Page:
SEC Issues a Significant No-Action Letter for Registered Investment Advisers Managing Private Funds

On October 12, 2010, the United States Securities and Exchange Commission ("SEC") issued a significant no-action letter ("SEC Letter") for registered investment advisers managing pooled vehicles ("Private Fund"). The SEC Letter provides time sensitive guidance concerning SEC Rule 206(4)-2 (the "Custody Rule") and the annual audit requirements. Among other conditions, SEC Rule 206(4)-2(b) (4) (ii) requires that the annual audit of the Private Fund be conducted by "an independent public accountant that is registered with, and subject to regular inspection as of the commencement of the professional engagement period, and as of each calendar year-end, by the Public Company Accounting Oversight Board ("PCAOB"), in accordance with its rules.

Only auditors to public companies are currently subject to regular inspection by the PCAOB. However, Title IX of the Dodd-Frank Wall Street Reform and Consumer Protection Act (the "Dodd-Frank Act"), signed into law on July 21, 2010, provides the PCAOB with authority to develop rules to establish a regular inspection program for auditors.1

Many auditing firms may not be subject to regular inspections by the PCAOB, as a result, many advisers have pre-existing engagements with independent auditors that do not adhere to the regular inspection requirements and, technically will not be compliant with the Custody Rule. The SEC Letter acknowledged that this aspect of the Custody Rule will be disruptive to certain advisers that would be required to replace their auditors until their auditors become subject to the PCAOB's regular inspection requirements. The SEC also correctly acknowledged that changing a Private Fund's auditor would likely result in additional expenses to investors of the Private Fund.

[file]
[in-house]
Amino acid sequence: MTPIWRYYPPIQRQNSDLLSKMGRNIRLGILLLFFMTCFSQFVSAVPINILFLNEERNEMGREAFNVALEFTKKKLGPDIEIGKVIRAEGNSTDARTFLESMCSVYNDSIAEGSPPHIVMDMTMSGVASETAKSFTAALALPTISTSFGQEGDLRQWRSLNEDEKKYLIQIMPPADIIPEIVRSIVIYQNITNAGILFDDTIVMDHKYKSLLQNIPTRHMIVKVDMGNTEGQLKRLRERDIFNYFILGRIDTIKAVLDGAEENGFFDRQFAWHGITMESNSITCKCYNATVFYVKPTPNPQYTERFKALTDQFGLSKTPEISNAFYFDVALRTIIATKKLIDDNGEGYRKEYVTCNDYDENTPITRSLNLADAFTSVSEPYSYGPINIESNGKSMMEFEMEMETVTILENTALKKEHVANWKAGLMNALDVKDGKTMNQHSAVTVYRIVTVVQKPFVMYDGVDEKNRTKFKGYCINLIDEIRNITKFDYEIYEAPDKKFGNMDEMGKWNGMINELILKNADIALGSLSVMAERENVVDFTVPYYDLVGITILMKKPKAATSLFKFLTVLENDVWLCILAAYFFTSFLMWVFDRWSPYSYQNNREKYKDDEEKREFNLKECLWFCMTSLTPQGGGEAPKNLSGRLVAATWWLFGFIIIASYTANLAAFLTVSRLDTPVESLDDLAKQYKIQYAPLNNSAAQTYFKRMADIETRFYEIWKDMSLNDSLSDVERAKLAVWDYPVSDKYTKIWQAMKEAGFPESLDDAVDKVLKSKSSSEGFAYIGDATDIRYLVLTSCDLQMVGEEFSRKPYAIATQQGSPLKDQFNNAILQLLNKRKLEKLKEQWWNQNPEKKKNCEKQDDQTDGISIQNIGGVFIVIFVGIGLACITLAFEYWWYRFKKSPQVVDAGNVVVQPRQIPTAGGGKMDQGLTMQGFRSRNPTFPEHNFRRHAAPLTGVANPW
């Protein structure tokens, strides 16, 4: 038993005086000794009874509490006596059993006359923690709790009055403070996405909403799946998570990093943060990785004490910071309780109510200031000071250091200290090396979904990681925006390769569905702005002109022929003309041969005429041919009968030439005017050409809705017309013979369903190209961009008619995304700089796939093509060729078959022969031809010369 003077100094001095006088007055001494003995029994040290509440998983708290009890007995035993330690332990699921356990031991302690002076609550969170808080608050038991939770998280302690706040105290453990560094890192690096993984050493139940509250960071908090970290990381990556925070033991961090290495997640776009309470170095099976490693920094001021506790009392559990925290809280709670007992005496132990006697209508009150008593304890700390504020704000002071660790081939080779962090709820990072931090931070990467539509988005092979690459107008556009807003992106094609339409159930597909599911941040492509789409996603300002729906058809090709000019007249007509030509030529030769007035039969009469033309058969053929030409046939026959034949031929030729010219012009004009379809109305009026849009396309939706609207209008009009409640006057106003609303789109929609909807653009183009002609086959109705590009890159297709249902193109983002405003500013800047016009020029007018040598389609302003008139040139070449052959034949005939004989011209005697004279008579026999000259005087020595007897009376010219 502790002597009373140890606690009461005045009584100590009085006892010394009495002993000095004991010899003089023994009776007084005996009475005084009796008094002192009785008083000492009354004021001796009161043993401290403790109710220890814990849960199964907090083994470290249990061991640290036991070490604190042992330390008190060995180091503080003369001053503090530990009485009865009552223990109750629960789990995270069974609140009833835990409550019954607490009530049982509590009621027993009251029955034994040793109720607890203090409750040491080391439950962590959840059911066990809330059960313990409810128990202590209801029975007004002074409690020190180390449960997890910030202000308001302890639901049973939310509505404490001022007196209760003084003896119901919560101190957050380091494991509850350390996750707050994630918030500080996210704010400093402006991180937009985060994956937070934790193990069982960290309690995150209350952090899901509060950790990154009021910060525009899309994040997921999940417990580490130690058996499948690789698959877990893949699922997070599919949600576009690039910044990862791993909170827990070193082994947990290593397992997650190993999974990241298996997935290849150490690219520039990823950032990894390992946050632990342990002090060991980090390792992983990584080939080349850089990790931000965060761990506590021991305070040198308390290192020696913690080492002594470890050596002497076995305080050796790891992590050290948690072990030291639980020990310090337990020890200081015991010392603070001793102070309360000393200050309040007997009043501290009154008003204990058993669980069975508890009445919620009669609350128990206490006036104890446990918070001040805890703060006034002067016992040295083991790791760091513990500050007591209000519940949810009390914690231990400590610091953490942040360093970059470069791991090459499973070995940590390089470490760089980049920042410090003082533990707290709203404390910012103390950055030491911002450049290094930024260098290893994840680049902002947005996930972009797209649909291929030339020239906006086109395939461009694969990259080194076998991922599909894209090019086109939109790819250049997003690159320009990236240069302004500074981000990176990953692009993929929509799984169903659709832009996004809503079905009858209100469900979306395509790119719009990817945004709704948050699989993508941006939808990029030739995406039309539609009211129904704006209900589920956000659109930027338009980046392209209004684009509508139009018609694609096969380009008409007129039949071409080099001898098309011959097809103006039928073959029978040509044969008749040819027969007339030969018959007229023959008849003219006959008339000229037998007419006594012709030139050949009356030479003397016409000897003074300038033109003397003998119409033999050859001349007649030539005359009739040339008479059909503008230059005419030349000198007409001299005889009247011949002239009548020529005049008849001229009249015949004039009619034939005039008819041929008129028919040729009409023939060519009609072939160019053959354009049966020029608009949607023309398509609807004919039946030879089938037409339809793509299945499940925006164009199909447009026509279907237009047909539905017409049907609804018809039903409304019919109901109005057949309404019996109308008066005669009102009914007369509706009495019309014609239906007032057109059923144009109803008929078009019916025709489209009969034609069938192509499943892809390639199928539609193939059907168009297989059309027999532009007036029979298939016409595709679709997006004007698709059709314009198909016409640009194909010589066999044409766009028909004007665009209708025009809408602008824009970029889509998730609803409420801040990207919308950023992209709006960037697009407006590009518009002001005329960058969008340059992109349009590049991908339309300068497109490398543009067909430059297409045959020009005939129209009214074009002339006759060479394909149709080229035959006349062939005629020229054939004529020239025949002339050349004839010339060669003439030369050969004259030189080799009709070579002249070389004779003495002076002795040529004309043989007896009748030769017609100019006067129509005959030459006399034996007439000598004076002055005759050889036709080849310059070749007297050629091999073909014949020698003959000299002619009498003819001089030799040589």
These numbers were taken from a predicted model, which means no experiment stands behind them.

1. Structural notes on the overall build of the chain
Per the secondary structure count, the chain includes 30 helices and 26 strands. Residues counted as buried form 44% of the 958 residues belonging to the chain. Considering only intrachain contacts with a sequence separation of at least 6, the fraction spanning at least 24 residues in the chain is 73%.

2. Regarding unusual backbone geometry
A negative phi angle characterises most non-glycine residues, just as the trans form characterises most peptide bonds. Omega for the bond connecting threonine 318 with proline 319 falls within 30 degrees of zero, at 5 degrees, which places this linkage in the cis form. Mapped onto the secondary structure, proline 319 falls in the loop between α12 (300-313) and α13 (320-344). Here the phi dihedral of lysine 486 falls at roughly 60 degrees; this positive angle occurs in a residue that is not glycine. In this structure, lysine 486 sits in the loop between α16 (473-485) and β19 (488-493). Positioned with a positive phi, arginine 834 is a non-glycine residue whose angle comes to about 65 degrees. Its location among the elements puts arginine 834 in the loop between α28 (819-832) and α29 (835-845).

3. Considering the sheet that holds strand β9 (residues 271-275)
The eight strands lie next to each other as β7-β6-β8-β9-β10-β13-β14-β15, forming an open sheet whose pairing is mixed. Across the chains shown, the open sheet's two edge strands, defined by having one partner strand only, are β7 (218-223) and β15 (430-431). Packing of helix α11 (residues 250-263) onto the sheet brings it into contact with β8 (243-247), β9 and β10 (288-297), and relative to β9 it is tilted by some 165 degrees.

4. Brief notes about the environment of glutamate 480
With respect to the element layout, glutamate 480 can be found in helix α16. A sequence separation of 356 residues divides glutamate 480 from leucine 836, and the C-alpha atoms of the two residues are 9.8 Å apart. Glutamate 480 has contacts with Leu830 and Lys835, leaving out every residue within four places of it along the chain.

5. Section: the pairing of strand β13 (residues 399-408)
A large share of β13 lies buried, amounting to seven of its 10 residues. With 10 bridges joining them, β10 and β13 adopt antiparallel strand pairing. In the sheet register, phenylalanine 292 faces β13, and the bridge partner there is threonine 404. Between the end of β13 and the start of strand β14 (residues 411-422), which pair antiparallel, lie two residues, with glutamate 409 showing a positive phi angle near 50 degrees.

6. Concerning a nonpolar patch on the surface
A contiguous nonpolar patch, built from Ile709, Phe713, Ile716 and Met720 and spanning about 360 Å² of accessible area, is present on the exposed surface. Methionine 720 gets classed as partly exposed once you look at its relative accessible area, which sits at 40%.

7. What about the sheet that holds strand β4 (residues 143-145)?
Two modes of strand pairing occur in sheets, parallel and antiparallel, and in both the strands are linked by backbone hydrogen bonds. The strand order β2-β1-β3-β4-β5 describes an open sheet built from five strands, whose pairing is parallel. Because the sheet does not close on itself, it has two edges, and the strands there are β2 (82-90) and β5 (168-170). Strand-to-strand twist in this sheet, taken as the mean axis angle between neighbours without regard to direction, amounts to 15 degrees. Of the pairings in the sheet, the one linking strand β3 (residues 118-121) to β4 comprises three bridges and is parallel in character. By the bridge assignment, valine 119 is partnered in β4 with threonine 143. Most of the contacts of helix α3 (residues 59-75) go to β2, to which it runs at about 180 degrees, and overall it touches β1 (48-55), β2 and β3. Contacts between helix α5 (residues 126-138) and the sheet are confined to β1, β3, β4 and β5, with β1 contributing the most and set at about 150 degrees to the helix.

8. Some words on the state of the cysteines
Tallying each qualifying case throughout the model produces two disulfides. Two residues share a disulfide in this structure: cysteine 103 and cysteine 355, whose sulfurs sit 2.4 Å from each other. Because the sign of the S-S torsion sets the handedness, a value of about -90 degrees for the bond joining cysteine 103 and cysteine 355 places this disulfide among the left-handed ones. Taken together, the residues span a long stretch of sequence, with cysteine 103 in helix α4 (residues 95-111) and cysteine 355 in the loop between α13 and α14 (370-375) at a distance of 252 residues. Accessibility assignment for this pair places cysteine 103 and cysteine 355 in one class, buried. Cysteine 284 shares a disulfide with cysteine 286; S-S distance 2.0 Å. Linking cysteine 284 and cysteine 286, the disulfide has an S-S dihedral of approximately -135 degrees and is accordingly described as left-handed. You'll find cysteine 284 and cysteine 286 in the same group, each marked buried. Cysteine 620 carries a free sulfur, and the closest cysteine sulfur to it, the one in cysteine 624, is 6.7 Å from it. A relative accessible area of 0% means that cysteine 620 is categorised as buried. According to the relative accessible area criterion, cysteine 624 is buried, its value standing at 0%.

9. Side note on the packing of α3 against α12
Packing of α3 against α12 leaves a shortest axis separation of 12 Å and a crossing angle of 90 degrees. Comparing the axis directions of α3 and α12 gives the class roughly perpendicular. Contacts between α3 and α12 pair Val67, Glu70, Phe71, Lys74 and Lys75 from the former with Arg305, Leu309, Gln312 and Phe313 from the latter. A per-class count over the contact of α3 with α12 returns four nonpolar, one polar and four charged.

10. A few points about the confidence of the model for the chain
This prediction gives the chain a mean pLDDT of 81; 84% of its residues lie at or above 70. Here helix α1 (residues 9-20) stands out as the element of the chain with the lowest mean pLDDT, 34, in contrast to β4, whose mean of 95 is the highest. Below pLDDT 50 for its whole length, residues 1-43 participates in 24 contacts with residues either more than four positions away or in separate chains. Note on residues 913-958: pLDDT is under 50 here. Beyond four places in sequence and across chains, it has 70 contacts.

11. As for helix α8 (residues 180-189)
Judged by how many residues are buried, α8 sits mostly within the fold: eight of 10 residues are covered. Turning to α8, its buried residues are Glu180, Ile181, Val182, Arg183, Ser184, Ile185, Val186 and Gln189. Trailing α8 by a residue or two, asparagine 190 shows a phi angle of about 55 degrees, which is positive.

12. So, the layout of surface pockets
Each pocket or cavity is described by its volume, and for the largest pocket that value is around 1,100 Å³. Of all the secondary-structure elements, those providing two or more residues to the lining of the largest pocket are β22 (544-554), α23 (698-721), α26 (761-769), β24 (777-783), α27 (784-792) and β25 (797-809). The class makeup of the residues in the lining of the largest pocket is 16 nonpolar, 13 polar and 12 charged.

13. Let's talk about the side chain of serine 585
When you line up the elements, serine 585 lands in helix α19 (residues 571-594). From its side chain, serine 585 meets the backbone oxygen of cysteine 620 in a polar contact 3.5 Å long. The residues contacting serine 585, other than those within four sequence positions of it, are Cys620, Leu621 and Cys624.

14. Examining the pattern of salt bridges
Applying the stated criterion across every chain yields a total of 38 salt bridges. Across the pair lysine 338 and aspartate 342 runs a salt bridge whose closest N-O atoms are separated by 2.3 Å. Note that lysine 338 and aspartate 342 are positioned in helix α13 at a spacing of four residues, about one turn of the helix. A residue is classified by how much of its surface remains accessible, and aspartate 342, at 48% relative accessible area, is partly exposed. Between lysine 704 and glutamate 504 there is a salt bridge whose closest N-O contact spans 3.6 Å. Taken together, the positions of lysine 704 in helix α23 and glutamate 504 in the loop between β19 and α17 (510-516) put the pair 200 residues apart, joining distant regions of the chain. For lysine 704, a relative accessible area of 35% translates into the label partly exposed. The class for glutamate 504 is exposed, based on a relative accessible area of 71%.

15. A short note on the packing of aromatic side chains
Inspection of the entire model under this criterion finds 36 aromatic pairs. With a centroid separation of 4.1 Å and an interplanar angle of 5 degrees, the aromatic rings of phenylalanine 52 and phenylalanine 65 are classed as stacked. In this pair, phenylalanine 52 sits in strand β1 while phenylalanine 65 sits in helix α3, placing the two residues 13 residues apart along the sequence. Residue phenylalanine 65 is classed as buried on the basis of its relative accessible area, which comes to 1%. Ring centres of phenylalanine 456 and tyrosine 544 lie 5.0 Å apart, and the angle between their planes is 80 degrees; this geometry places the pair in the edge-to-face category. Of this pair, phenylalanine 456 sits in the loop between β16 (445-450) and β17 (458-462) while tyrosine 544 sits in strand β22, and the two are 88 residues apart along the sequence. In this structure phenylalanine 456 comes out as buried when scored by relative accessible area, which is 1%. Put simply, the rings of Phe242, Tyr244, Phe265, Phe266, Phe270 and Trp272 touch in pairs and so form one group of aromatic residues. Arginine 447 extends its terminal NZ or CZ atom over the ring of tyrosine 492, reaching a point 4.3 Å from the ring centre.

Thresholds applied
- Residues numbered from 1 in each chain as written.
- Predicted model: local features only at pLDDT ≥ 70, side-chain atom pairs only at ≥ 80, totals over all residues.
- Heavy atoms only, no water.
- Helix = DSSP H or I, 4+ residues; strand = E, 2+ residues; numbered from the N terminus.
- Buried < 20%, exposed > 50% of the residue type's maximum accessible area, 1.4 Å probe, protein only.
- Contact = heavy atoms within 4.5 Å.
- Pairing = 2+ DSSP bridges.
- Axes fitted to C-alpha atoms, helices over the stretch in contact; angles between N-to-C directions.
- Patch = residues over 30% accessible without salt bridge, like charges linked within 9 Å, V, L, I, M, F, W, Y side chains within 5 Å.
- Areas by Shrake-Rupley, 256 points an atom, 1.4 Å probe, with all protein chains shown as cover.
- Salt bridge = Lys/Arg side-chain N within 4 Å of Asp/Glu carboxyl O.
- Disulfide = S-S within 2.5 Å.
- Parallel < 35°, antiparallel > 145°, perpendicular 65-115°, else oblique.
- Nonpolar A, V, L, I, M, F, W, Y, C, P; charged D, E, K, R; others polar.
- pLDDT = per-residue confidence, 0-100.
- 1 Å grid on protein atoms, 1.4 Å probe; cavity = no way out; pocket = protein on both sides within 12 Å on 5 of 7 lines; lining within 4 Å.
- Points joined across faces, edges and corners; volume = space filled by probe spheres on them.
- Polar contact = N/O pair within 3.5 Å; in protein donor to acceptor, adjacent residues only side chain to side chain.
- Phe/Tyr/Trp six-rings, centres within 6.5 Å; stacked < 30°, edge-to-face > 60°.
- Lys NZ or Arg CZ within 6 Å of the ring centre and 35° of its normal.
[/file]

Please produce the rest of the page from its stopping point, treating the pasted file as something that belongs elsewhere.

As such, the SEC concluded that it would not recommend enforcement action if an adviser engages an auditor that is not subject to the regular inspection requirements; provided that, the adviser meets the following three (3) conditions:

1. The auditor must have been engaged to audit the financial statements of the Private Fund for the most recently completed fiscal year;

2. The auditor was registered with the PCAOB and engaged to audit the financial statements of a broker or a dealer July 21, 2010 and is registered with the PCAOB and engaged to audit the financial statements of a broker or a dealer as of the issuance of audited financial statements used to satisfy the annual audit provision; and

3. The adviser provides written notification to each investor prior to the distribution of the financial statements that the Private Fund's auditor is not subject to regular inspection by the PCAOB.

As the third condition is critical, if you need assistance in developing the written notification to your investors, please contact Daniel G. Viola at 212.573.8038 or dviola@sglawyers.com.

1 See Dodd-Frank Act Section 982, these rules will also apply to registered broker-dealers.

Cheryl Spratt